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Report slams Education Department use of debt collectors

Fred Williams

Are debt collectors all wrong for the job of pursuing unpaid student loans?

The U.S. Education Department uses 22 collection agencies to pursue $89 billion in overdue student loans, paying them $1 billion in commissions in 2014, according to a report by the National Consumer Law Center, “Pounding Student Loan Borrowers: The Heavy Costs of the Government’s Partnership with Debt Collection Agencies.” The tab is set to rise to $2 billion in 2016.

The department does little about the complaints that collectors generate, the study found. The department tracks complaints poorly, and hands out bonus payments without regard to companies’ complaint records. Weak oversight of collectors was previously documented by the Government Accountability Office in a March report.

More troubling, commission-driven collectors have little incentive to steer borrowers toward affordable repayment programs that allow them to complete their degrees, according to the consumer advocate group.

“Student loans are fundamentally different from regular loans,” said Persis Yu, a staff attorney with the NCLC and co-author of the report. “If (students) are allowed to get that degree, they’re in a better position to pay their loans.”

ACA International, the trade group for collectors, said the report failed to show that professional collectors are wrong for the task of collecting student loans. “There’s a bit of wrong emphasis here,” ACA General Counsel Robert Foehl said. Collectors follow the Education Department’s requirements “because they want to keep their business with that client.” In addition, he said, the NCLC cites high volumes of complaints against collectors without noting that complaints are not necessarily legitimate.

Government support of education is supposed to help the economy, as well as give individual students a leg up on a better life. The Higher Education Act provides for “rehabilitation” of loans for students who fall behind on payments. By making a series of payments based on their income, they can get out of default and qualify for further grants and loans to finish their education.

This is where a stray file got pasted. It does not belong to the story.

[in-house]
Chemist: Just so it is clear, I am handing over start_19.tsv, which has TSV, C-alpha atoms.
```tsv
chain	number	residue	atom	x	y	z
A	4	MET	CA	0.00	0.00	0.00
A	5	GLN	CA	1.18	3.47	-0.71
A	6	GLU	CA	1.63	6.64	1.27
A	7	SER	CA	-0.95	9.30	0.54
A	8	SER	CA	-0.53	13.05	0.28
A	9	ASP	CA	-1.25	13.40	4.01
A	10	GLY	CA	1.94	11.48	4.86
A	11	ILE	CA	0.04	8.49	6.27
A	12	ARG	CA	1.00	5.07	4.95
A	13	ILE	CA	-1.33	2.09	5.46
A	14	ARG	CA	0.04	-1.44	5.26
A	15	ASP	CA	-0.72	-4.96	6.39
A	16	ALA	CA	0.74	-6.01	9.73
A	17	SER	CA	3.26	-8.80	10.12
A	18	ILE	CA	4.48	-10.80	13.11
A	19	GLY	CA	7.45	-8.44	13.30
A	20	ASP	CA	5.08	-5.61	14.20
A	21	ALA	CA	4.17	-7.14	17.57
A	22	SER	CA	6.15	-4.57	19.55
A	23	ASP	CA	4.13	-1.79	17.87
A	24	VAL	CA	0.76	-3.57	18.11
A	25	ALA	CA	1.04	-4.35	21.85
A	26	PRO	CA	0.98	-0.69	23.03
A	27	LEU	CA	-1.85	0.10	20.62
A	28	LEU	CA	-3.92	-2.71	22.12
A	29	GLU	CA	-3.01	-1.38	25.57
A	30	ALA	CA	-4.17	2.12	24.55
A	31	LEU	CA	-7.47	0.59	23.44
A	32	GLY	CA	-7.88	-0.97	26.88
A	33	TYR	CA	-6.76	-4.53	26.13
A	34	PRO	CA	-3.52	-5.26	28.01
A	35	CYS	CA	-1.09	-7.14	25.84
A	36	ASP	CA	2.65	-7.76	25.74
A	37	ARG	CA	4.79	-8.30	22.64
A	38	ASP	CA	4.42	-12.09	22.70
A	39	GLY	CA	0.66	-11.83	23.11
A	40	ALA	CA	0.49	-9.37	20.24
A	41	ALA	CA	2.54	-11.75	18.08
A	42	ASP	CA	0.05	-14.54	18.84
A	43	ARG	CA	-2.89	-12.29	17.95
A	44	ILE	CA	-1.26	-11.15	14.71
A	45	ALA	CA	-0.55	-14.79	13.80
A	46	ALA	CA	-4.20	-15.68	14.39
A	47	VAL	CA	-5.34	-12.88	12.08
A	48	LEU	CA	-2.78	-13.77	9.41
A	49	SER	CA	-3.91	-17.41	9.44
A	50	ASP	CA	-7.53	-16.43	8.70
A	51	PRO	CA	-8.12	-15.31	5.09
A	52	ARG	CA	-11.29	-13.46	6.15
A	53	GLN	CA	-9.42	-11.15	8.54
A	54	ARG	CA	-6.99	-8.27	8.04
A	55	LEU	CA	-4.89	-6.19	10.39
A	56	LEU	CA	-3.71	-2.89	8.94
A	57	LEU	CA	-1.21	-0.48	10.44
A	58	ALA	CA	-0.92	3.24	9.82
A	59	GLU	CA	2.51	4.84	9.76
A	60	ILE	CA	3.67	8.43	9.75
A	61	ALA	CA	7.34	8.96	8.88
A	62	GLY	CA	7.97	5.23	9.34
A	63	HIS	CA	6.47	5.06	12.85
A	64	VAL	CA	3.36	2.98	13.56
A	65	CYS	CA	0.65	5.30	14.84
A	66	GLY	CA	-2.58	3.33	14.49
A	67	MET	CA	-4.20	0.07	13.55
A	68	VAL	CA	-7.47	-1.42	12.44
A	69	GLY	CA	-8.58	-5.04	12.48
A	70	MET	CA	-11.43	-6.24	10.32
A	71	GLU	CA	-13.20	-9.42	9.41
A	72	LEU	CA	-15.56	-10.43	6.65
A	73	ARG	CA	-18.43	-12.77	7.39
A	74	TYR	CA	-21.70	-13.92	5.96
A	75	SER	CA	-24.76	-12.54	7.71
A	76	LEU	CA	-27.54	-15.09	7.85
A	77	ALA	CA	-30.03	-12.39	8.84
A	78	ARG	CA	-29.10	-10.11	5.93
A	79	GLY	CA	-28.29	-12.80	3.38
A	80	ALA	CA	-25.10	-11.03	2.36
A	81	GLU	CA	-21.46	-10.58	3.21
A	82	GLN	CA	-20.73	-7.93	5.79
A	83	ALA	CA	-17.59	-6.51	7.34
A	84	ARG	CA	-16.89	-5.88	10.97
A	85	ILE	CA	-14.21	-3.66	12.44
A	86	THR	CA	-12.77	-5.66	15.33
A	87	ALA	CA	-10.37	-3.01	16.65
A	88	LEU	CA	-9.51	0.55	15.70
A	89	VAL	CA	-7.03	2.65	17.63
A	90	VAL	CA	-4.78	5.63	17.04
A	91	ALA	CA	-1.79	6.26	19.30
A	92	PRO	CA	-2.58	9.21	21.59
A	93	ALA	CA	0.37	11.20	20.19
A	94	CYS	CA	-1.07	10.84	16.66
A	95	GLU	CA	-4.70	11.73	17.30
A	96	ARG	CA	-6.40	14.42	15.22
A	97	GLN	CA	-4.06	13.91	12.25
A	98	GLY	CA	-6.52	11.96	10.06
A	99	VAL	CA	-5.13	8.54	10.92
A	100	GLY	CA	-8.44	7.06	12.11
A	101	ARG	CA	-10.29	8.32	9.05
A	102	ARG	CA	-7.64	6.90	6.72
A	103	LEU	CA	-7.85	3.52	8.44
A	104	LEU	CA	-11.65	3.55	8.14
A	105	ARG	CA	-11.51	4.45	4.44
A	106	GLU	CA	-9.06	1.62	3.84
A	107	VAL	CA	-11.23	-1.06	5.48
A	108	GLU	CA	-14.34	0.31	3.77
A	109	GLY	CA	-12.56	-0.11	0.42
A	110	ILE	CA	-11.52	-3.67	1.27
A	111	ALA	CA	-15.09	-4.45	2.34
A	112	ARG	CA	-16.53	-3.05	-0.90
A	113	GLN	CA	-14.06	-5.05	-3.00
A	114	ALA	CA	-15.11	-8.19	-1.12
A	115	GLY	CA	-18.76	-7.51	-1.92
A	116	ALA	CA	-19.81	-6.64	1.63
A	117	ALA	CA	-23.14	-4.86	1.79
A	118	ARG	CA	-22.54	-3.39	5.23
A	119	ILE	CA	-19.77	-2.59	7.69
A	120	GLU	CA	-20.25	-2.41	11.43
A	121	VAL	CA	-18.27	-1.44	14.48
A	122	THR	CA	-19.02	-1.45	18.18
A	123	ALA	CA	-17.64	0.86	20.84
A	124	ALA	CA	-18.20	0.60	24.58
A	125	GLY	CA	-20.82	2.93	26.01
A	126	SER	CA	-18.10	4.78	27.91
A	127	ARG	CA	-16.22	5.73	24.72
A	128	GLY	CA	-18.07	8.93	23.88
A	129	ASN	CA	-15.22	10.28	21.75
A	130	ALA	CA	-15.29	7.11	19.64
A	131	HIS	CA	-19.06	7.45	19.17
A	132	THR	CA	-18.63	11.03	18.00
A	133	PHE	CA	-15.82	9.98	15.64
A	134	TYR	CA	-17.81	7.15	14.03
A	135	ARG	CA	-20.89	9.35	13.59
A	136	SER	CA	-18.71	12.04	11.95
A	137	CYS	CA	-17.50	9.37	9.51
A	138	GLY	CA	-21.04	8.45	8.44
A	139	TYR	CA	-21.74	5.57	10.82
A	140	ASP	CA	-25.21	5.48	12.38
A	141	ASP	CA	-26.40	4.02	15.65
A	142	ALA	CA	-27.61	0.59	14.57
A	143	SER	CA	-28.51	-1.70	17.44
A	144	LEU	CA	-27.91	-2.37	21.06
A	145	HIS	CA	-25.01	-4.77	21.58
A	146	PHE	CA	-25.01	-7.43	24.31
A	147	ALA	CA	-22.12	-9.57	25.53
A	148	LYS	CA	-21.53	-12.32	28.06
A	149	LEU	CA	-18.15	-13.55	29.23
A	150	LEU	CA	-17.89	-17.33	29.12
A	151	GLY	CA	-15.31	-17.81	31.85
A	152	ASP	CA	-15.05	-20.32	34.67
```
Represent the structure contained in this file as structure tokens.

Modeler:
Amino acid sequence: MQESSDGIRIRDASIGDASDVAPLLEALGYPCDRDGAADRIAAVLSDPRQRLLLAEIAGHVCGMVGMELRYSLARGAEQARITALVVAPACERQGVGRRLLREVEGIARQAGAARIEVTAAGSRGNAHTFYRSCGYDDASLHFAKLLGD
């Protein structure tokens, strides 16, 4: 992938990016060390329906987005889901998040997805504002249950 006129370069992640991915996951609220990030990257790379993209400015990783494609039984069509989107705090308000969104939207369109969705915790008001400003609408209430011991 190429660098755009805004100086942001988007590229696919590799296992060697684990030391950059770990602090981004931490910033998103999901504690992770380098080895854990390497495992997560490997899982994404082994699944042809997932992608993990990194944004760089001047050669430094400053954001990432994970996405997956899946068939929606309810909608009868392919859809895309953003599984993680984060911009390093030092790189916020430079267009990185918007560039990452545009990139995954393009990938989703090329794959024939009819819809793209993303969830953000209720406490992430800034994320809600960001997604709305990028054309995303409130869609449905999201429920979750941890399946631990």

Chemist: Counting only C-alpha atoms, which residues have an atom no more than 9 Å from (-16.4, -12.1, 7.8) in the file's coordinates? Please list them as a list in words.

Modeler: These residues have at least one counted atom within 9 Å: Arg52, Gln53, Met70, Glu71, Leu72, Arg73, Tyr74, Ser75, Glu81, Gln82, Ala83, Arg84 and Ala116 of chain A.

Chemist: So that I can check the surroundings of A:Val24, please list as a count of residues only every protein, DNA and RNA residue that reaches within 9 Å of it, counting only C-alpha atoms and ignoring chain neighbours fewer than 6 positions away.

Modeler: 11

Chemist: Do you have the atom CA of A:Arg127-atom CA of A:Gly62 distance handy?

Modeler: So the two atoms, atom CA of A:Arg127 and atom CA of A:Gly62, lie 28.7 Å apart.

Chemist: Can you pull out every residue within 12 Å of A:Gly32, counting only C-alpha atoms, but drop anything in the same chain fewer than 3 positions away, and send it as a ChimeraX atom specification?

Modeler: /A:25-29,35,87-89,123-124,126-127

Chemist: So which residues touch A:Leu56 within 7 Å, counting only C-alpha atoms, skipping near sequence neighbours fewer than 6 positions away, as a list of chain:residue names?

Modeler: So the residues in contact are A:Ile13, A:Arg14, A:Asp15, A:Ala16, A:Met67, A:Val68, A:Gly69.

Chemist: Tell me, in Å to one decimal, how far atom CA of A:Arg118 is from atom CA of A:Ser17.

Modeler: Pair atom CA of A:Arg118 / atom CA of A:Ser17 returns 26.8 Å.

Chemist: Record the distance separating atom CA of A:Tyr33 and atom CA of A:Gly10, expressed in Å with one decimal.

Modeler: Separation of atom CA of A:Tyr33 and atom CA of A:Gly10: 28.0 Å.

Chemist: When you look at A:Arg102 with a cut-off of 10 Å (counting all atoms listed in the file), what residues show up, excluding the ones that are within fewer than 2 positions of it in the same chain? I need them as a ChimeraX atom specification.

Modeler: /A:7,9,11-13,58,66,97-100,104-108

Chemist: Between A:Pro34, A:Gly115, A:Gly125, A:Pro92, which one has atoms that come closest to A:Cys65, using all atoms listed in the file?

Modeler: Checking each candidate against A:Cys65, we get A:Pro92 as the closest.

But when student loans hit trouble, for-profit collectors are motivated to go after higher upfront payments immediately, rather than help student debtors get back on their feet, the NCLC found. The report cited complaints from students who were given wrong information about qualifying for rehabilitation.

“A lot of borrowers are in a Catch-22,” Yu said. “They don’t finish their degree, so they can’t get the grants and loans to finish their education.”

Based on complaints made directly to the NCLC and posted on online discussion groups, borrowers are frequently told to make payments based on a percentage of the loan amount, not their income and ability to pay, the group said. Collectors of student loans have the ability to seize some income and assets from borrowers without a court order, making their repayment demands especially persuasive. The problem diminished after 2012, when the Education Department increased its payments to collectors for setting up income-based repayment plans, but collector incentives are still weighted toward demanding higher payments.

The solution is to have government workers perform student loan collections, NCLC says, which is the way overdue taxes are collected now by the Internal Revenue Service. “We do fundamentally have a question,” Yu said, “if the debt collection model is appropriate for resolving defaulted student loan borrowers’ debts.”

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